• The nice results about confidence intervals and tests in LS regression are lost, and have to be replaced by complex and approximate results.

Yet, Ridge Regression is more than a "last resort" attempt to salvage LS linear regression in case of near or full collinearity of the predictors. It is to be considered a major linear regression technique of its own that proves its usefulness when collinearity is a problem, an all-too-common circumstance.

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 Tutorial 1

We first go over the problem of collinearity (or "multicollinearity") of the predictors, which is the curse of Multiple Linear Regression.

We then show how a simple but effective change in the method used for calculating the parameters can circumvent this problem.

We further study the statistical properties of the parameters of the Ridge Regression model, and discover that these parameters outperform the usual Least Squares parameters in a situation of near-collinearity of the predictors.

We then address the difficult problem of choosing an optimal value for the "ridge parameter".

RIDGE REGRESSION

 Collinearity Interpretation of the values of the parameters Geometric interpretation Analytic interpretation Ridge Regression Standardization of the variables Three equivalent definitions of Ridge Regression Reconditioning the X'X matrix Penalizing the Sum of Squared Residuals (SSR) Constraint on the length of the vector of parameters Analytic solution Geometric interpretation Statistical properties of the ridge estimator Relation with the Least Squares estimator Bias Variance Mean Square Error (MSE) Choosing the value of the Ridge parameter Analytical solutions Hoerl's solution Ridge variant of Mallow's Cp Graphical solutions Validation TUTORIAL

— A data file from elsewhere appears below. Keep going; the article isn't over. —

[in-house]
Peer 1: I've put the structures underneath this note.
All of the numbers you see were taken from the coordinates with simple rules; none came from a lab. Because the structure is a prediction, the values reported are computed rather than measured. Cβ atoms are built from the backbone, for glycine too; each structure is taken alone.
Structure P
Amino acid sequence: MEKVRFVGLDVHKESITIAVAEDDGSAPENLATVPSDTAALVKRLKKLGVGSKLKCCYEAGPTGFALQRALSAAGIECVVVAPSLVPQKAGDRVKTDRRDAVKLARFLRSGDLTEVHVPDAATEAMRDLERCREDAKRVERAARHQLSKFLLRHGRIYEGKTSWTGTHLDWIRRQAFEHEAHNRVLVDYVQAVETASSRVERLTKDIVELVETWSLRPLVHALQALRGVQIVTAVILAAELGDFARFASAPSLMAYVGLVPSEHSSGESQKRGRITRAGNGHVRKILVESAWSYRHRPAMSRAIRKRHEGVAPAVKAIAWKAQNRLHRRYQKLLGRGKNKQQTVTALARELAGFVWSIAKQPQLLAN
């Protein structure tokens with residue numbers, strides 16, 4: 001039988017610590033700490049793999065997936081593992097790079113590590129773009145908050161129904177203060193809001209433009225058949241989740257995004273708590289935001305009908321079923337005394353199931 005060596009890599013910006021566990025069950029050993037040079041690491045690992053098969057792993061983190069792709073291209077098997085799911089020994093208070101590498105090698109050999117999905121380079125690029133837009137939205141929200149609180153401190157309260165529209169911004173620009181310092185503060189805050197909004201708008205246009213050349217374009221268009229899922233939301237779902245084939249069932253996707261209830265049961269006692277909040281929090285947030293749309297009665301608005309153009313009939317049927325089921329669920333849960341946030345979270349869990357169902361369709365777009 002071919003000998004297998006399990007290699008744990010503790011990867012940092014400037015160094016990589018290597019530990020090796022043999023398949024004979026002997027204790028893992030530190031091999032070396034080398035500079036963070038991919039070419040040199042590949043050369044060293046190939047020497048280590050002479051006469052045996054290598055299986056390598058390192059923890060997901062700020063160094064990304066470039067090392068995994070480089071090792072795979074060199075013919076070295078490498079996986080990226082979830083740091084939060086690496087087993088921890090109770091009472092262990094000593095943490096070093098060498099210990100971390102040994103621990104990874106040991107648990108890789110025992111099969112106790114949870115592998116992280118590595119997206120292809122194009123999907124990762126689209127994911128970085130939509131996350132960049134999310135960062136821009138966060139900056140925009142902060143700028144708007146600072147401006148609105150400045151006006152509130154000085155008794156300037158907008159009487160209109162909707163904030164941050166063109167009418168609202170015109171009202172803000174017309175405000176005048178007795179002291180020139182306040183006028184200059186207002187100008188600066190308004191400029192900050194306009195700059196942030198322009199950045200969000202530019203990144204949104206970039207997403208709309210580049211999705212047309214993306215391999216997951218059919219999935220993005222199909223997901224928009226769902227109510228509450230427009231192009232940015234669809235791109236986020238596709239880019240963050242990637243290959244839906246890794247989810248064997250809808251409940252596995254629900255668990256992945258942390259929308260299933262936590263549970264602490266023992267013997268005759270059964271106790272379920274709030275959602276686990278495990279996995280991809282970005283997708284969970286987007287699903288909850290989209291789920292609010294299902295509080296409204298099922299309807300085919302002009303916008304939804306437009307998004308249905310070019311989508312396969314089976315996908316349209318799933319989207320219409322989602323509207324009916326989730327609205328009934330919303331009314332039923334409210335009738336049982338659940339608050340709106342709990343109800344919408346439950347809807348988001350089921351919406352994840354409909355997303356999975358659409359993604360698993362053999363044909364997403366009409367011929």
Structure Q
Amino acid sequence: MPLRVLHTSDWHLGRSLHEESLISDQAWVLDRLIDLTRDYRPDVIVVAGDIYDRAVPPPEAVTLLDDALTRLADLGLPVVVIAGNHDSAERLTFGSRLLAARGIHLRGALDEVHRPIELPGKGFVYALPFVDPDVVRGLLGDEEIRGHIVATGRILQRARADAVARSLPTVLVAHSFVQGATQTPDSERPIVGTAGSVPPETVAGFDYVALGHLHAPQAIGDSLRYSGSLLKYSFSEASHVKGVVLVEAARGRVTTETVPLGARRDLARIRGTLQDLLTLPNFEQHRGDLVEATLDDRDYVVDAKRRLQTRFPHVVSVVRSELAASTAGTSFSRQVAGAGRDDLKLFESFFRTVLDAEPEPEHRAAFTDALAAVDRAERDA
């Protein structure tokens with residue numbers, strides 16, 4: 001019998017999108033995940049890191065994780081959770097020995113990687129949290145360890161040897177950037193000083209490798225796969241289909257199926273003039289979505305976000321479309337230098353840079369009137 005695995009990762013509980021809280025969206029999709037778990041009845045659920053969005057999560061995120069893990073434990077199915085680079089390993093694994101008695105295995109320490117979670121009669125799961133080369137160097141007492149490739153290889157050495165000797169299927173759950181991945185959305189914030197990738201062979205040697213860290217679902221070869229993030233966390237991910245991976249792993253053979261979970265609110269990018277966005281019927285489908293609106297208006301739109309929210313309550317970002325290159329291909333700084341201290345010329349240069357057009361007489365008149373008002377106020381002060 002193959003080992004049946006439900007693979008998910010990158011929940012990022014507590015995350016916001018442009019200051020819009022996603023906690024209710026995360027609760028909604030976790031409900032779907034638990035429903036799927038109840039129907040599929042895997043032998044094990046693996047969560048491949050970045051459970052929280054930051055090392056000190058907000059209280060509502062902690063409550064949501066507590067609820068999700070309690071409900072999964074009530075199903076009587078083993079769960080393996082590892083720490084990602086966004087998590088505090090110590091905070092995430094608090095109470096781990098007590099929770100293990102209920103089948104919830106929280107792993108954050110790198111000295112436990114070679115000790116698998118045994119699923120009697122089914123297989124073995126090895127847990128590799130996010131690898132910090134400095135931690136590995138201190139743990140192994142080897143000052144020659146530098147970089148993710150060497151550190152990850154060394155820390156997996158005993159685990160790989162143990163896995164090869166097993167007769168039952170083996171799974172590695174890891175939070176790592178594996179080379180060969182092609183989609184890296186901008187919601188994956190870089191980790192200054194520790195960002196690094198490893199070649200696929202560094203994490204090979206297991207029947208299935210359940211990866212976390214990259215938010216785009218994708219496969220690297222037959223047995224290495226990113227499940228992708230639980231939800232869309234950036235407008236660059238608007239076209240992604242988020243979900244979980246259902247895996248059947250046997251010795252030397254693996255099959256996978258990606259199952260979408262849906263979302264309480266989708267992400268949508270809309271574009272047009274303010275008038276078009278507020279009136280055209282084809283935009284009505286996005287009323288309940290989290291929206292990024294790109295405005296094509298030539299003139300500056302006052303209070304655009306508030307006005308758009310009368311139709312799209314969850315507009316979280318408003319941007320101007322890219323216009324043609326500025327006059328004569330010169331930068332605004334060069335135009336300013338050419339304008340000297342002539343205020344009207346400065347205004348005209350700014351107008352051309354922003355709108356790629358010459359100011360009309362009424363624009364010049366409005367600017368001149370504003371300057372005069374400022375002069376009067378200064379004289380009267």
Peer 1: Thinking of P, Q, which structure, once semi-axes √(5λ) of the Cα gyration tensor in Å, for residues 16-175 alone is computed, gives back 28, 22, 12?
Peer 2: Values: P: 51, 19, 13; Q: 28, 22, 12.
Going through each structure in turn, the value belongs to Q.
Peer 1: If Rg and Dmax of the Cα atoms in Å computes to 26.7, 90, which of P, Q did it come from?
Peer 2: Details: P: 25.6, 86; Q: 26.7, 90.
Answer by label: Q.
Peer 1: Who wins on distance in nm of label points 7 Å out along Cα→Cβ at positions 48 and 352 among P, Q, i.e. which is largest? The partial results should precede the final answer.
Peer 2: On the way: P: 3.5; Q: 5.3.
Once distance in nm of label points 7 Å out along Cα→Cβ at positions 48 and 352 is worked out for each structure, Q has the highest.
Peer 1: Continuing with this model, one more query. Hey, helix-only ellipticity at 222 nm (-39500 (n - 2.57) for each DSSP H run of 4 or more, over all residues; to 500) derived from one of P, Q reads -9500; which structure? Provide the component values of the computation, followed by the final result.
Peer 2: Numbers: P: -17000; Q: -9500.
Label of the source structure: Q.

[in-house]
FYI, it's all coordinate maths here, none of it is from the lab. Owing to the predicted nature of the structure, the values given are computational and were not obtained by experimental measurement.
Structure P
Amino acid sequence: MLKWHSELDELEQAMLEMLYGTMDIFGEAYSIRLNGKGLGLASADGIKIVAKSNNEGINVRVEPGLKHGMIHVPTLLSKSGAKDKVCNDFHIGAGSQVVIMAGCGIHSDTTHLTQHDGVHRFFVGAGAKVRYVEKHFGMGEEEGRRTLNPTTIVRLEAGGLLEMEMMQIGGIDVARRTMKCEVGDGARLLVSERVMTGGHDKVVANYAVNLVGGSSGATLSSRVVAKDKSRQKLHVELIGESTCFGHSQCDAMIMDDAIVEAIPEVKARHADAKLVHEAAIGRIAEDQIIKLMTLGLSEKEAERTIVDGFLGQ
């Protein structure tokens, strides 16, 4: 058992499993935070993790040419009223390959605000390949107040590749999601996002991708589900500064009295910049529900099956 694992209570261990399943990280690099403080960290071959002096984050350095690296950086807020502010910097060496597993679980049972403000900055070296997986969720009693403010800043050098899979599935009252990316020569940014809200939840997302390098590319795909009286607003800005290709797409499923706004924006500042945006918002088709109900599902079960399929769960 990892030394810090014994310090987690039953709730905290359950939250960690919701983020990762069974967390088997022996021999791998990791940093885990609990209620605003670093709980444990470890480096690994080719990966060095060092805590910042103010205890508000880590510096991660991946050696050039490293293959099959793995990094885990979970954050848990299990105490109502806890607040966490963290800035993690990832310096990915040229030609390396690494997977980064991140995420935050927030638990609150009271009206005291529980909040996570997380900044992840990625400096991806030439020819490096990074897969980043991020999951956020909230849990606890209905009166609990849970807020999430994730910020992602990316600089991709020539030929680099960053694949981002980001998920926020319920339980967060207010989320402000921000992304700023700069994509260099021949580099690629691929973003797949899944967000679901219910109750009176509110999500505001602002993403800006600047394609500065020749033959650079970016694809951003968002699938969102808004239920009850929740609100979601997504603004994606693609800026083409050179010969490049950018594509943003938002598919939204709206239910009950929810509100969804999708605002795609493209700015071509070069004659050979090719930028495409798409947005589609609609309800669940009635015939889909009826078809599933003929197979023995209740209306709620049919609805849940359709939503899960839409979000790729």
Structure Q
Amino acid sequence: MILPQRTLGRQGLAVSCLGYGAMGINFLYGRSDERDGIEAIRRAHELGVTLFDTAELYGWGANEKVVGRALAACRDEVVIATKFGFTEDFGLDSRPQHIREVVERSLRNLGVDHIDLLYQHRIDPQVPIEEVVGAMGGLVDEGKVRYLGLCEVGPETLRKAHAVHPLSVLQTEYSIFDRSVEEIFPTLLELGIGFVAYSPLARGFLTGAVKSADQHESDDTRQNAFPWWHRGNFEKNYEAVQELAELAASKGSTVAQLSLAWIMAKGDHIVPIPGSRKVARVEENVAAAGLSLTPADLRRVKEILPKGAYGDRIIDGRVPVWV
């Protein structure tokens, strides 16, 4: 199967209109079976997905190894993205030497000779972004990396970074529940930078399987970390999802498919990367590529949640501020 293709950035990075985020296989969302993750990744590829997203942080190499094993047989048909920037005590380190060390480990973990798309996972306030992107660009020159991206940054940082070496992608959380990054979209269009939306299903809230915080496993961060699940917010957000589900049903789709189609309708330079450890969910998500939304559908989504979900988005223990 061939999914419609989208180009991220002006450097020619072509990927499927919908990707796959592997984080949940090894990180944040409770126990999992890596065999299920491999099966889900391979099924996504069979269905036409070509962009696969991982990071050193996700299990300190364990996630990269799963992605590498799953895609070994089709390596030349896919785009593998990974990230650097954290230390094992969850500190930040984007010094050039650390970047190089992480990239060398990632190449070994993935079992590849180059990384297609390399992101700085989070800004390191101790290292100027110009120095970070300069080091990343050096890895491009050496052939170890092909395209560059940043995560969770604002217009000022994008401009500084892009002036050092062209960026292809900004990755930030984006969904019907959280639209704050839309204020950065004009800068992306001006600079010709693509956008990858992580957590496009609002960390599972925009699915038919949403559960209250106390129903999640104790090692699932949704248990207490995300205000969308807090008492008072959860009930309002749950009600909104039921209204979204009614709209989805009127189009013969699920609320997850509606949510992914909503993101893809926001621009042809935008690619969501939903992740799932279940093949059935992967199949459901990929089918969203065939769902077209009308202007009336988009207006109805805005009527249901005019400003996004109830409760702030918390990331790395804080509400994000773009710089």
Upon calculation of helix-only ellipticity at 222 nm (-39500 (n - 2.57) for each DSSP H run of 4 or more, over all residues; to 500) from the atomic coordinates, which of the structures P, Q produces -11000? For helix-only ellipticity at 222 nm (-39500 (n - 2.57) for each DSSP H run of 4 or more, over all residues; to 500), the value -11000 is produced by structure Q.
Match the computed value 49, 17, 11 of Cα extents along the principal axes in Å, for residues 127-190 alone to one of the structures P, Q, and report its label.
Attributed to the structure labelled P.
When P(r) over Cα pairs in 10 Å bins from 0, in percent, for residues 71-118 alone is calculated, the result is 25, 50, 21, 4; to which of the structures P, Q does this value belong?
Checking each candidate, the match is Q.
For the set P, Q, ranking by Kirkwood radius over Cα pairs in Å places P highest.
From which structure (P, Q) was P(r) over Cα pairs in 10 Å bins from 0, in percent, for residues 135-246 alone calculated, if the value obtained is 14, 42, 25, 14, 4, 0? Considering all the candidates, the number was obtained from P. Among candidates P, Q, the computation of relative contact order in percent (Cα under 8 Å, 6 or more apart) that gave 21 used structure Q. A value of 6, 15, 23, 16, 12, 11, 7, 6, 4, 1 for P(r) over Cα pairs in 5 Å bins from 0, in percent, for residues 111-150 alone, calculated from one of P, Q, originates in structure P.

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 Tutorial 2

There is an unexpected and quite illuminating link between Ridge Regression and Principal Components Analysis. When the Principal Components (PC) of the data set are used as predictors instead or the original variables, the Ridge Regression model appears to result from a simple modification of the LS model built in the same basis : every parameter of the LS regression is then "shrunk" by a factor that is small for the first PCs and larger for the last PCs. So Ridge Regression allows large variance Principal Components to have a larger influence on the final model than low variance Principal Components.

We finally introduce the important concept of "effective number of parameters" that is a more realistic measure of the true "flexibility" of the model than just the number of parameters.

RIDGE REGRESSION AND PRINCIPAL COMPONENTS ANALYSIS

 Singular Value Decomposition (SVD) Ridge Regression in the singular form Least Squares model Ridge model : shrinkage Ridge Regression and Principal Components MSE of the parameters Effective number of parameters (or degrees of freedom) TUTORIAL

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 Multiple Linear Regression Principal Components Analysis Singular Value Decomposition Bias-variance tradeoff